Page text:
|The News Line: Feature
Thursday, 1 March 2007
SRI LANKA: CRISIS OF AN ISLAND
SRI LANKA is undergoing a turbulent period, with the introduction of an executive presidential system, along with an open economic policy (Laissez Faire) exposing the country to an arrogant administration, foreign investment and exploitation.
|Tea workers are still living in the shacks that were provided by British imperialism in the 19th century. Note the open sewer (bottom left)
Asian countries are noted for nepotism and Sri Lanka is not immune to that.
As a result, from the time of so-called independence from the British in 1948, dynasties have evolved here, first Senanayake’s family, secondly Bandaranayake’s family and recently Rajapakse’s family.
Each family had tried to strengthen its hold on power while holding the reins.
However, the horse has never traversed the correct path.
This has led the country to a turbulent midstream, proverbially between the devil and the deep blue sea.
This is the stark fact of the country.
The incumbent president, Rajapakse, holds a wafer-thin majority from the presidential election in 2006.
So he had to consolidate his position.
Like all opportunistic politicians, he too was not averse to adopting any type of manoeuvre.
Further, this arrogance has increased by leaps and bounds.
Today he resorts to, or makes use of, his omnipotent position to stifle the voice of dissent from any quarter.
This has led to a dictatorial situation.
In order to consolidate his base, he uses tactics and strategies. One is his open racial outburst and the other is creating fear psychosis amongst the minorities.
His ambitious sojourn has reached down to the Sinhalese.
This scenario, though unexpected by opportunistic politicians, has made dents amongst the countrymen.
Whichever government comes to power, it sharpens its teeth by promulgating stringent emergency regulations.
After the holocaust of 1983, a notorious and barbarous regulation, termed as the Prevention of Terrorism Act, was introduced.
Overtly, though it was said to intend to eradicate terrorism, it had a subtle intention, to stifle every sort of dissension.
Today we witness the total breakdown of society.
There is a nothingness in every sphere.
Human rights violations are rampant.
There is unabated abduction and murder. The police are absolutely silent on these matters.
Nobody talks about who is responsible for the lawlessness.
Probes and commissions are appointed to find out the culprits.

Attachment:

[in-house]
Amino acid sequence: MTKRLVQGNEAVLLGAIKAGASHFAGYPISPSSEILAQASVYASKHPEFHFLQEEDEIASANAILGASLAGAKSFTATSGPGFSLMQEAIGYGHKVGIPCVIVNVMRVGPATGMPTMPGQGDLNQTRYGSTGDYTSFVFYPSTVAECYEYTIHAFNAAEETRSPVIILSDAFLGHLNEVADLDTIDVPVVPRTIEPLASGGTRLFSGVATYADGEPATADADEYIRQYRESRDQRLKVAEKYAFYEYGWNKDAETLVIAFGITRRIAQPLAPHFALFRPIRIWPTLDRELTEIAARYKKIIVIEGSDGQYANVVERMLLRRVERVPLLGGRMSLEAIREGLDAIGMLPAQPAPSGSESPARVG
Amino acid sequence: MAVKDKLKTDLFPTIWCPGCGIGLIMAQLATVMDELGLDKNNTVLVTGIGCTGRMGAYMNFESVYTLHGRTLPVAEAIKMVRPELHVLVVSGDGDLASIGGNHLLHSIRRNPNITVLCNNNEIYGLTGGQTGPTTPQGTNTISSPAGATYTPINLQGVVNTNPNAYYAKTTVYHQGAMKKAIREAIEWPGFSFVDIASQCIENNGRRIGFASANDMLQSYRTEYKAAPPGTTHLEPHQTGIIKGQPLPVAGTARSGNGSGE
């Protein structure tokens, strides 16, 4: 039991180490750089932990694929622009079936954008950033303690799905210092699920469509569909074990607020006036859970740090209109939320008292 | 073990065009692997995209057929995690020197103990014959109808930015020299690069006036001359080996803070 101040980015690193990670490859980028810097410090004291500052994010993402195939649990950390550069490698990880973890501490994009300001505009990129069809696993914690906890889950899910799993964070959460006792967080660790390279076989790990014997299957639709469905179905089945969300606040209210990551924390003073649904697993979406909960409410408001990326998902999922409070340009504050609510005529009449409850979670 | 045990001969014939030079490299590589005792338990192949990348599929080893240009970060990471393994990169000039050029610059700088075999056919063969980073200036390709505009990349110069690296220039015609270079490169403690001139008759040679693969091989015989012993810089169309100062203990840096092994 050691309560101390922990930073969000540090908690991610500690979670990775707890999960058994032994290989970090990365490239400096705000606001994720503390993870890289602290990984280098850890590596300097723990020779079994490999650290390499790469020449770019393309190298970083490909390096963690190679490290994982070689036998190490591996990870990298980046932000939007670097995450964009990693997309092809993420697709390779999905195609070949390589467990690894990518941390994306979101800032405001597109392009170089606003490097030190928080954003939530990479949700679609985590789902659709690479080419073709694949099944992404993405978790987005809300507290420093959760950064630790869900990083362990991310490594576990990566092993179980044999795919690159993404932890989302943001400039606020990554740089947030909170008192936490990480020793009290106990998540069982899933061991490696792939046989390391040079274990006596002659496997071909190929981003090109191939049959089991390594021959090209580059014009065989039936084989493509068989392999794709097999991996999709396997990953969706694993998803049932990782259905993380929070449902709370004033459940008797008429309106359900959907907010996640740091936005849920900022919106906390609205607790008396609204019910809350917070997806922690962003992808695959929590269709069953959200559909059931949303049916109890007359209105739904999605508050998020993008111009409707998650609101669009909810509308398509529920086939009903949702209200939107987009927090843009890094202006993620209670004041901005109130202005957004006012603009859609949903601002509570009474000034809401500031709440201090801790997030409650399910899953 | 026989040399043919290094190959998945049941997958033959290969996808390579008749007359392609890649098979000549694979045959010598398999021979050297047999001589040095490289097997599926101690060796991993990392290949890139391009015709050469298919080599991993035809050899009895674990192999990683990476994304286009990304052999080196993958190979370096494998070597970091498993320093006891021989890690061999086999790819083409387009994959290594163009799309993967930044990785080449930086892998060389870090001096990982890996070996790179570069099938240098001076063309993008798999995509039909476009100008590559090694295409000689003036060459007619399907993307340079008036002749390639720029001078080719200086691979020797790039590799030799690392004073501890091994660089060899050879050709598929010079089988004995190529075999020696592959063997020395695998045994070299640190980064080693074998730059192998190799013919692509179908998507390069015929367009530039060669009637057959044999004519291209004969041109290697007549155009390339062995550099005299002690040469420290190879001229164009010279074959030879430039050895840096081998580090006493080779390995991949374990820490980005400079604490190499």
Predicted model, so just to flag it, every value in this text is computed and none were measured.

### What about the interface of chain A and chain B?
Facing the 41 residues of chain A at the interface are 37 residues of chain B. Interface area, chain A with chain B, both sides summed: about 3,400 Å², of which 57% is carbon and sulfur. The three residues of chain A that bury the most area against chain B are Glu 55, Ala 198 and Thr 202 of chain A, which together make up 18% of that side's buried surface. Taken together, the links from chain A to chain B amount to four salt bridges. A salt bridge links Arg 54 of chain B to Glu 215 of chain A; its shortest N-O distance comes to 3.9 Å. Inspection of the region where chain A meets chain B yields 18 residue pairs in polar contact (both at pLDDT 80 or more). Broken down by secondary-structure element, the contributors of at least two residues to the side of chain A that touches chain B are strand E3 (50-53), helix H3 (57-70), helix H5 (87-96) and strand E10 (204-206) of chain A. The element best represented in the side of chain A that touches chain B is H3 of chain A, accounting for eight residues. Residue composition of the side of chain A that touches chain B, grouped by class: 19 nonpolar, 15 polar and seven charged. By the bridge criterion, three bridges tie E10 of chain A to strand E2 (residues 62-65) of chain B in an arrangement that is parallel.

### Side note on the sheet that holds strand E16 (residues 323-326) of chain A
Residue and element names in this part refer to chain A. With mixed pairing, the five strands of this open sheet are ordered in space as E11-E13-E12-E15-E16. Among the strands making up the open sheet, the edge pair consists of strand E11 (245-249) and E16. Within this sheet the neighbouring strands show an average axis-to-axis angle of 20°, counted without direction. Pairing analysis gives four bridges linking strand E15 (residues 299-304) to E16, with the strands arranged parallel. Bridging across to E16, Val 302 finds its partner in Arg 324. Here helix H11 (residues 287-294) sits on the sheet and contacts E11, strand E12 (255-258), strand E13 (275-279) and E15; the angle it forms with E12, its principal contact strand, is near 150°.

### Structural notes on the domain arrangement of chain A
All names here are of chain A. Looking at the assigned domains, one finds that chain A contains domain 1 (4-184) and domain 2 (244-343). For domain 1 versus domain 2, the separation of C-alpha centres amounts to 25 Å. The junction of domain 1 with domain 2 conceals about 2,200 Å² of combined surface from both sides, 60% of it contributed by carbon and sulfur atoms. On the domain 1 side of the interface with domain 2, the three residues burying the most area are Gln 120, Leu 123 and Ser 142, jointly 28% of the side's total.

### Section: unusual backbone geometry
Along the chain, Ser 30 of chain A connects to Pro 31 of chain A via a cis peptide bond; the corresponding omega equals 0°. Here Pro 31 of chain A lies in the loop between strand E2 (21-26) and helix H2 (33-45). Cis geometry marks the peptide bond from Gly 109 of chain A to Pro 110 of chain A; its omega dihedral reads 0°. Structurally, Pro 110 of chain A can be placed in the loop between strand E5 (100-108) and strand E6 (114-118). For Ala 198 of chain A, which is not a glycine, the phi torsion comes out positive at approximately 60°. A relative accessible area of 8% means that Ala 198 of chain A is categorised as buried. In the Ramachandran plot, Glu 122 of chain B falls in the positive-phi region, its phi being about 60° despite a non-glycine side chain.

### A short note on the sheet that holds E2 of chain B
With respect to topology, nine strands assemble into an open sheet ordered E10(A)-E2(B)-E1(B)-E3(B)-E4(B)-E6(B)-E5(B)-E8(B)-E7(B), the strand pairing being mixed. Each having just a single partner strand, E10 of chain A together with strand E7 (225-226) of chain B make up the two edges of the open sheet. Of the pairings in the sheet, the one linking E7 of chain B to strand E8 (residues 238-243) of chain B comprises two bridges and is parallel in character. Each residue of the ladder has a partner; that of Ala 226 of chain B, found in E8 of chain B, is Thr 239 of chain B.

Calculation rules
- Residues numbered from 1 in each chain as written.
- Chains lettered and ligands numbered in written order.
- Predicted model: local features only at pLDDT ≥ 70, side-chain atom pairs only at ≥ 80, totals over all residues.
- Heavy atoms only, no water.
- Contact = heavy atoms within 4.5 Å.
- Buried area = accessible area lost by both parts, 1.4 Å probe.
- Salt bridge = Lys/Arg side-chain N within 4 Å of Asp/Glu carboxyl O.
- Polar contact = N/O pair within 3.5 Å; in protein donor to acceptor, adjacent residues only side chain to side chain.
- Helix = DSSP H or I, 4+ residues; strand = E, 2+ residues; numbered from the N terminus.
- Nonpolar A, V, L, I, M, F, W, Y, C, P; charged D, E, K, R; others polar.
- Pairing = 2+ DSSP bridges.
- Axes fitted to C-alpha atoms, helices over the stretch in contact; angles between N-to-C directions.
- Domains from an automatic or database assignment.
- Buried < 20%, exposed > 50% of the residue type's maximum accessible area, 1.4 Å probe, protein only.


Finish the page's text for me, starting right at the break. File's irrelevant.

This is eyewash. Nobody trusts them. Day by day the accusing finger turns towards the capitalist state organs.
The state media carries utterly genocidal programmes against the minorities.
The gap amongst the communities widens rapidly under this pressure.
A hopeless future ensues unless amity is forged amongst the communities.
While carrying out such an agenda, the media has become a total victim of the repressive regime.
There is no freedom of expression.
The media has been coerced to act according to the whims and fancies of the government, and quite a number of media personnel have already left the country in fear.
Several media men have been brutally murdered.
While writing this article, about five persons including a lady are in police custody.
Recently, extra teeth were added to the emergency regulations.
The explanation given was to control terrorist activities.
However, abduction and murder have become daily occurrences.
These regulations therefore aim at physically stifling decent voices.
One of their principal targets is the proletariat.
The country’s tea workers struck work for two weeks, demanding a wage increase.
Just at the moment when the urban trade unions were beginning to rally round them, the president threatened prominent plantation union leaders with jail and made them sign an agreement with the employers.
The gap between the haves and the have-nots widens rapidly.
Peasants, workers and other marginalised sections of the population suffer in poverty.
While the ruling elite enjoys luxury, the poor masses suffer in silence in the circumstances of internal chaos.
External forces are making use of all sorts of tactics to fish in murky waters.
The ruling elite is lenient towards imperialist forces, because they want to safeguard their interests at any cost.
This is the first scenario of Sri Lanka.
However, dialectics teaches us that dormant forces will erupt when a melting position is reached.
Forward to the socialist revolution.
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